Aramaeans, moving from the deserts of Arabia and North Syrian in the middle of the 12th century B.C., had played an important role in the history of the Ancient Near East, between about 1150-700 years B.C .
Spanning throughout a wide area around the upper and middle sections of the Euphrates river, Aramaeans are a community of semi-nomadic Semitic origin, who came from Mesopotamia, Northern Syria and Southeastern Anatolia, and tried to be socially and politically organized as a tribal form of government.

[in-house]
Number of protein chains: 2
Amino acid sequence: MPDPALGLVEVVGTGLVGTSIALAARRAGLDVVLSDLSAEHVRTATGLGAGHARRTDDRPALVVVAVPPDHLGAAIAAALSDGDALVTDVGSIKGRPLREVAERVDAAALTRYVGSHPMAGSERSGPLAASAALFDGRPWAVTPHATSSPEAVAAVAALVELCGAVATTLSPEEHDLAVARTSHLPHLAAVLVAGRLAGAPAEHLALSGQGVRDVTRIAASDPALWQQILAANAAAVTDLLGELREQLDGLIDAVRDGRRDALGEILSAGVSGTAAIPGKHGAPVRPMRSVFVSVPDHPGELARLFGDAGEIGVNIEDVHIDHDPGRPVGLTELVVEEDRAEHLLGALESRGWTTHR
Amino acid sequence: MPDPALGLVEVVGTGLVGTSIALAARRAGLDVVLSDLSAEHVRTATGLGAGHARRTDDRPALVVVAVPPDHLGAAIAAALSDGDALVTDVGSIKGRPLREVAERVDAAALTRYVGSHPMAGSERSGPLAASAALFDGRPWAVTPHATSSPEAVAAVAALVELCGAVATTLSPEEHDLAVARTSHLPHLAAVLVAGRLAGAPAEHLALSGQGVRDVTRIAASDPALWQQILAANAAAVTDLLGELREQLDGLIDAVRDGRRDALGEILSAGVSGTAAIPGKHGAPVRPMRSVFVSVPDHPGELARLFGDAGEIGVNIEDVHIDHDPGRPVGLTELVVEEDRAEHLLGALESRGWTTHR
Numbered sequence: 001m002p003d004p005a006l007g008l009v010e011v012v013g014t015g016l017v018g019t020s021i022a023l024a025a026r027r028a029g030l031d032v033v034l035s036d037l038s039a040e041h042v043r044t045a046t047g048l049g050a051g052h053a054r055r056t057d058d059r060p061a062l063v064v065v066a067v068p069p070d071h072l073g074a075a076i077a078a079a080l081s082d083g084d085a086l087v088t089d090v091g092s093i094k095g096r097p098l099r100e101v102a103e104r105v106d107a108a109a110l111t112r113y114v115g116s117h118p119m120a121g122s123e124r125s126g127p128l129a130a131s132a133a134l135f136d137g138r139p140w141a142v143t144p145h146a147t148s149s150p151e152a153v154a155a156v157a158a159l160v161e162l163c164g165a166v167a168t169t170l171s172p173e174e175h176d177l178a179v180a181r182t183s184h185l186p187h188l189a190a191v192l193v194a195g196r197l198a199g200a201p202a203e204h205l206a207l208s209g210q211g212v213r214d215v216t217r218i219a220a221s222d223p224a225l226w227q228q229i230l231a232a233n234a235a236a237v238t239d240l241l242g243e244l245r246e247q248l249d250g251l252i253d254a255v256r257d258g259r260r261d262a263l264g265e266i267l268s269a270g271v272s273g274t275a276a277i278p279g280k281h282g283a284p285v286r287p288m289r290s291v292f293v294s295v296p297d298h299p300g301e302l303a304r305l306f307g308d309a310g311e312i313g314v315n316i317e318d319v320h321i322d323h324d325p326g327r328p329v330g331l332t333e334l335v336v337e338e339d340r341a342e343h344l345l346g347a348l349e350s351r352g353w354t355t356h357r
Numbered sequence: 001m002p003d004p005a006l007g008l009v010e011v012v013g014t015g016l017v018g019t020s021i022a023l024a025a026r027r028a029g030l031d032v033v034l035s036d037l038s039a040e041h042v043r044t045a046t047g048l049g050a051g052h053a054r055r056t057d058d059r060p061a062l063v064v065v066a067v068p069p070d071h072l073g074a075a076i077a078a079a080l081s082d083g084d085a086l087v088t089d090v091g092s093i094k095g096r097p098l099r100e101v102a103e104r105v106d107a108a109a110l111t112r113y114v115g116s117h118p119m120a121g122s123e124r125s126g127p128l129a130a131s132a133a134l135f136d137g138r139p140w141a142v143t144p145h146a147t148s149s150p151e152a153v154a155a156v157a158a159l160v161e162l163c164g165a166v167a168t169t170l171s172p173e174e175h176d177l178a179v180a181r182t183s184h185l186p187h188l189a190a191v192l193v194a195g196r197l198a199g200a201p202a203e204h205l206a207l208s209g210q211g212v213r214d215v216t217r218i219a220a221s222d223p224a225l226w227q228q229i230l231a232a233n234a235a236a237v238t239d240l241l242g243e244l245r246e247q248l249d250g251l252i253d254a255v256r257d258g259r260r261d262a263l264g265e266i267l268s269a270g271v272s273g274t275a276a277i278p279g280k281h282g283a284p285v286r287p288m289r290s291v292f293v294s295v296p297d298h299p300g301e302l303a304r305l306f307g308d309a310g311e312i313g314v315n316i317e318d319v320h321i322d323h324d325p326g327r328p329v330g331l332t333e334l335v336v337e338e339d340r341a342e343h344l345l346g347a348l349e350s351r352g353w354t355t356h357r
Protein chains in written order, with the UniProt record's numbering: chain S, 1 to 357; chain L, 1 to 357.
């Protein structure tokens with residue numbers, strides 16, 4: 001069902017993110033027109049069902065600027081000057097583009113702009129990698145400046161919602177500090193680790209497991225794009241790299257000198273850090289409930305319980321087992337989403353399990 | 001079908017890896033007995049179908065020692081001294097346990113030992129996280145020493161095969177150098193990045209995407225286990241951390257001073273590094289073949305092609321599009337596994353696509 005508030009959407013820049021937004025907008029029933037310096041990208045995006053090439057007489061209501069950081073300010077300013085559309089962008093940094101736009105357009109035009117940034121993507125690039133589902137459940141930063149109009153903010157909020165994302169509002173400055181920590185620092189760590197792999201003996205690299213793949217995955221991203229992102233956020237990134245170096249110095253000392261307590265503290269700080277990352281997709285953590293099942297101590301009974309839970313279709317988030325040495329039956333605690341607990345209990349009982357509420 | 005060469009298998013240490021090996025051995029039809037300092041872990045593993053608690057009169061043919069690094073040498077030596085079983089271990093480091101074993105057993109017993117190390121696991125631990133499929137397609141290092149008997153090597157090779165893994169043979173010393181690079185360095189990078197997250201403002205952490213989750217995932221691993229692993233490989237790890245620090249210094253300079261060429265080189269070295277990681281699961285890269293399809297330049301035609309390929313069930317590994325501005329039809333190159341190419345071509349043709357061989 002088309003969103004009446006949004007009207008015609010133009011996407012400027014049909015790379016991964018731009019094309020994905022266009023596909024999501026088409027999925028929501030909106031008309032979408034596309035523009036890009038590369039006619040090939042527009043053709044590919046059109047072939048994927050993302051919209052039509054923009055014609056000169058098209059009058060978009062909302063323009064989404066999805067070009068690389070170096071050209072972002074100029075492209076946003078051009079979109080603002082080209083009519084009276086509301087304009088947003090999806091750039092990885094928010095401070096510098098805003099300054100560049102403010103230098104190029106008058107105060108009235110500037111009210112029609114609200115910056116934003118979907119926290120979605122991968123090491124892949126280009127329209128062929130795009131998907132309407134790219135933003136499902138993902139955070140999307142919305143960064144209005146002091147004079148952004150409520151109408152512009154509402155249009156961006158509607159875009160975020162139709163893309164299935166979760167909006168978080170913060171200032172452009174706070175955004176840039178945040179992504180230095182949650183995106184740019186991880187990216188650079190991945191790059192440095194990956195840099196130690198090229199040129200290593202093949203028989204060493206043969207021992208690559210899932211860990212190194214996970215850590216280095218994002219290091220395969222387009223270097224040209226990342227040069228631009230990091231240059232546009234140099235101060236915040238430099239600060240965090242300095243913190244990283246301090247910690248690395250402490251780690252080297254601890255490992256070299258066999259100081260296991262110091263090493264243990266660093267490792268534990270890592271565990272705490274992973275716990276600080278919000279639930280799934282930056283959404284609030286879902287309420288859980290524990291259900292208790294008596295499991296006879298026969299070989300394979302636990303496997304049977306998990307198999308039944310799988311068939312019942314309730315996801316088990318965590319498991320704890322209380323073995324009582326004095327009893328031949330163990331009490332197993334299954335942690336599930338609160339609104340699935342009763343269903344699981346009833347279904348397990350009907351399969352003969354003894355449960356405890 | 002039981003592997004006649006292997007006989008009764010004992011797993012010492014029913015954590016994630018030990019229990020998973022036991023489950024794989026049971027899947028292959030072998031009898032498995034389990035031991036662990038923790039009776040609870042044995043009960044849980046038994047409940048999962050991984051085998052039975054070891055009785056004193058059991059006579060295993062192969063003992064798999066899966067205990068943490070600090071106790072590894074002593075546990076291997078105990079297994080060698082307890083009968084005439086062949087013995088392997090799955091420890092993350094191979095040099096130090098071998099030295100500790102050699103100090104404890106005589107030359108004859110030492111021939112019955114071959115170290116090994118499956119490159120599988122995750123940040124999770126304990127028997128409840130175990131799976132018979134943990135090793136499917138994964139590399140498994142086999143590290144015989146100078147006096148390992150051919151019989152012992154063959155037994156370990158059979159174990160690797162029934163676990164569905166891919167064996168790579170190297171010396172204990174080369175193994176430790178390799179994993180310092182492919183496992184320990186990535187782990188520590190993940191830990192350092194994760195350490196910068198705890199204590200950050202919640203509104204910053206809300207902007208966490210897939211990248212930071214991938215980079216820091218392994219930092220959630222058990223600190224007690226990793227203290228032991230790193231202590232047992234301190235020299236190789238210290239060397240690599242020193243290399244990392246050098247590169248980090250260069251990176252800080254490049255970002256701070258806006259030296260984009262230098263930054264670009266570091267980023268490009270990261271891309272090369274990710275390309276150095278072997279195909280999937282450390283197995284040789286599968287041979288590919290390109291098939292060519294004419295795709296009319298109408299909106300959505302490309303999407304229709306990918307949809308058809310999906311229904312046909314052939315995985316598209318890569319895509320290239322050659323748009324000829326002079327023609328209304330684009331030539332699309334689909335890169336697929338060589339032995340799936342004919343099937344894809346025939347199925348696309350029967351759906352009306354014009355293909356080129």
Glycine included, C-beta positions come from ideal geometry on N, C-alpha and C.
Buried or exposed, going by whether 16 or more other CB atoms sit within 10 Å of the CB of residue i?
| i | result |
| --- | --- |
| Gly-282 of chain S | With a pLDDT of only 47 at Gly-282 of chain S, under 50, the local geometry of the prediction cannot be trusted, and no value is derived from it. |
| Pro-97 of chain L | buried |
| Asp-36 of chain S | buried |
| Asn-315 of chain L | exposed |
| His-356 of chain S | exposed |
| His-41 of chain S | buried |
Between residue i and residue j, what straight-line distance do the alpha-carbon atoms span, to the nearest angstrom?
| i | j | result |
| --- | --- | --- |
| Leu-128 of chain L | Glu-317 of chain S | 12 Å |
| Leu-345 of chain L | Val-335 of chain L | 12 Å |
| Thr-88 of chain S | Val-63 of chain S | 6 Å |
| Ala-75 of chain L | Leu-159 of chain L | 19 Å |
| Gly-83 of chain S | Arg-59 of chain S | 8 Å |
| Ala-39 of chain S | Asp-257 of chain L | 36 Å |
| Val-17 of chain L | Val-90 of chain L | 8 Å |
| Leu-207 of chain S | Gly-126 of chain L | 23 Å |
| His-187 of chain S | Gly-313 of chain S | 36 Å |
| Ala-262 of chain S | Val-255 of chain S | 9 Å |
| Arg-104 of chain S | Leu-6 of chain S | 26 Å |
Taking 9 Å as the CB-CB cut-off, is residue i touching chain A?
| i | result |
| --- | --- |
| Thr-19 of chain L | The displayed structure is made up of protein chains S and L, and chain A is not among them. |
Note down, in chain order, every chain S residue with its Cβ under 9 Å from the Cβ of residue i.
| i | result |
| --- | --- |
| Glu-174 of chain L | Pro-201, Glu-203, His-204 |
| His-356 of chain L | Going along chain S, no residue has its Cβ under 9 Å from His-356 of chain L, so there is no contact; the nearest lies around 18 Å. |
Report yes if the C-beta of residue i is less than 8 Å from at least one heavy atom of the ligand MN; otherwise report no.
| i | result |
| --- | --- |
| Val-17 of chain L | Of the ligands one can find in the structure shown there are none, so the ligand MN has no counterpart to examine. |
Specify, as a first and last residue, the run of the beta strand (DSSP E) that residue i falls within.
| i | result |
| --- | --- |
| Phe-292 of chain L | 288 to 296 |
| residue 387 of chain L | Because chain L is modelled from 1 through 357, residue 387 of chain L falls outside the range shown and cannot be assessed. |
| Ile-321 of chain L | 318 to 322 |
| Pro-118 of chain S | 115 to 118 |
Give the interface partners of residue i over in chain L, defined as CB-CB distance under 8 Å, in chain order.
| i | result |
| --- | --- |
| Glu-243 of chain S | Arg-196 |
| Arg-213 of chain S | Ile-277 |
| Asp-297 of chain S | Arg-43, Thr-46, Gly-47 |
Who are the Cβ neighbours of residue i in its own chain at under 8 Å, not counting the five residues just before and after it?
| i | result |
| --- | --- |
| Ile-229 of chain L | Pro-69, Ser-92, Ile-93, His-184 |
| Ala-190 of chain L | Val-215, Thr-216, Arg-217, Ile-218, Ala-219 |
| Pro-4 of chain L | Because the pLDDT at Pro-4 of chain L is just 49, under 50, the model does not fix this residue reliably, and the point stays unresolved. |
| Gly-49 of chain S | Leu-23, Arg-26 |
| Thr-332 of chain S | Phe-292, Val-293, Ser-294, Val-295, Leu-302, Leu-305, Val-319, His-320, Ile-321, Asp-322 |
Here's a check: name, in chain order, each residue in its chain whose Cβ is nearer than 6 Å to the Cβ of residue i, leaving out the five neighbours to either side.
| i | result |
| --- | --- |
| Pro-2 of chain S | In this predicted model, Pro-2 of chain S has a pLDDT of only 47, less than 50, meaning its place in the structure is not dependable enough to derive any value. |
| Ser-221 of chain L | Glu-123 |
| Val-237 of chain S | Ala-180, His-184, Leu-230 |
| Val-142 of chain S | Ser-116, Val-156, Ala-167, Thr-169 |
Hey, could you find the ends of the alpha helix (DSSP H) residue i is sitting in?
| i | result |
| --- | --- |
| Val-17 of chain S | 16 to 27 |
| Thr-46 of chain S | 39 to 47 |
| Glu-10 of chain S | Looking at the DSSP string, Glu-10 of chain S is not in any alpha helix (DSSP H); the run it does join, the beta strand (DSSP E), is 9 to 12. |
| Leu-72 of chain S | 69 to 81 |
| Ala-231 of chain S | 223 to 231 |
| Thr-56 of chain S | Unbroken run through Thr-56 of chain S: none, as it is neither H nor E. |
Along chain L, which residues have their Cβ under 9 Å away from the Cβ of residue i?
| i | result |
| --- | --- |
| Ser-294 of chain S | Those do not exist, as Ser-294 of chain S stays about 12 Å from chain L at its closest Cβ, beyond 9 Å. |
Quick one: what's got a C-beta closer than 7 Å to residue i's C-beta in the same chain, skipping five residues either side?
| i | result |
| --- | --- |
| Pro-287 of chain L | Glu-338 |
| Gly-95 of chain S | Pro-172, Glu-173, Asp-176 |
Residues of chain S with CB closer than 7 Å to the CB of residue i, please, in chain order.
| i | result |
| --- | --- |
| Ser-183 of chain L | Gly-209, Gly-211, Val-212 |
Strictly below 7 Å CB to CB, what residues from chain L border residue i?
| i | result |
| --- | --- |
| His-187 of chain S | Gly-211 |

Bit-Adini, Bit-Zamani, Bit-Bahiani, Bit-Gabbar and Bit-Agusi are some of the major states which had been established as a result of Aramaean’s migrations. On the other hand, many large and small Aramaean states emerged as well. Assyrian sloged to cope with Aramaeans about whom we have information from Torah, Urartu and particularly the Assyrian sources, and they had been a great threat for Assyrian.
Aramaean, Assyrian, Bet-Zammani, Bet-Adini, Sam'al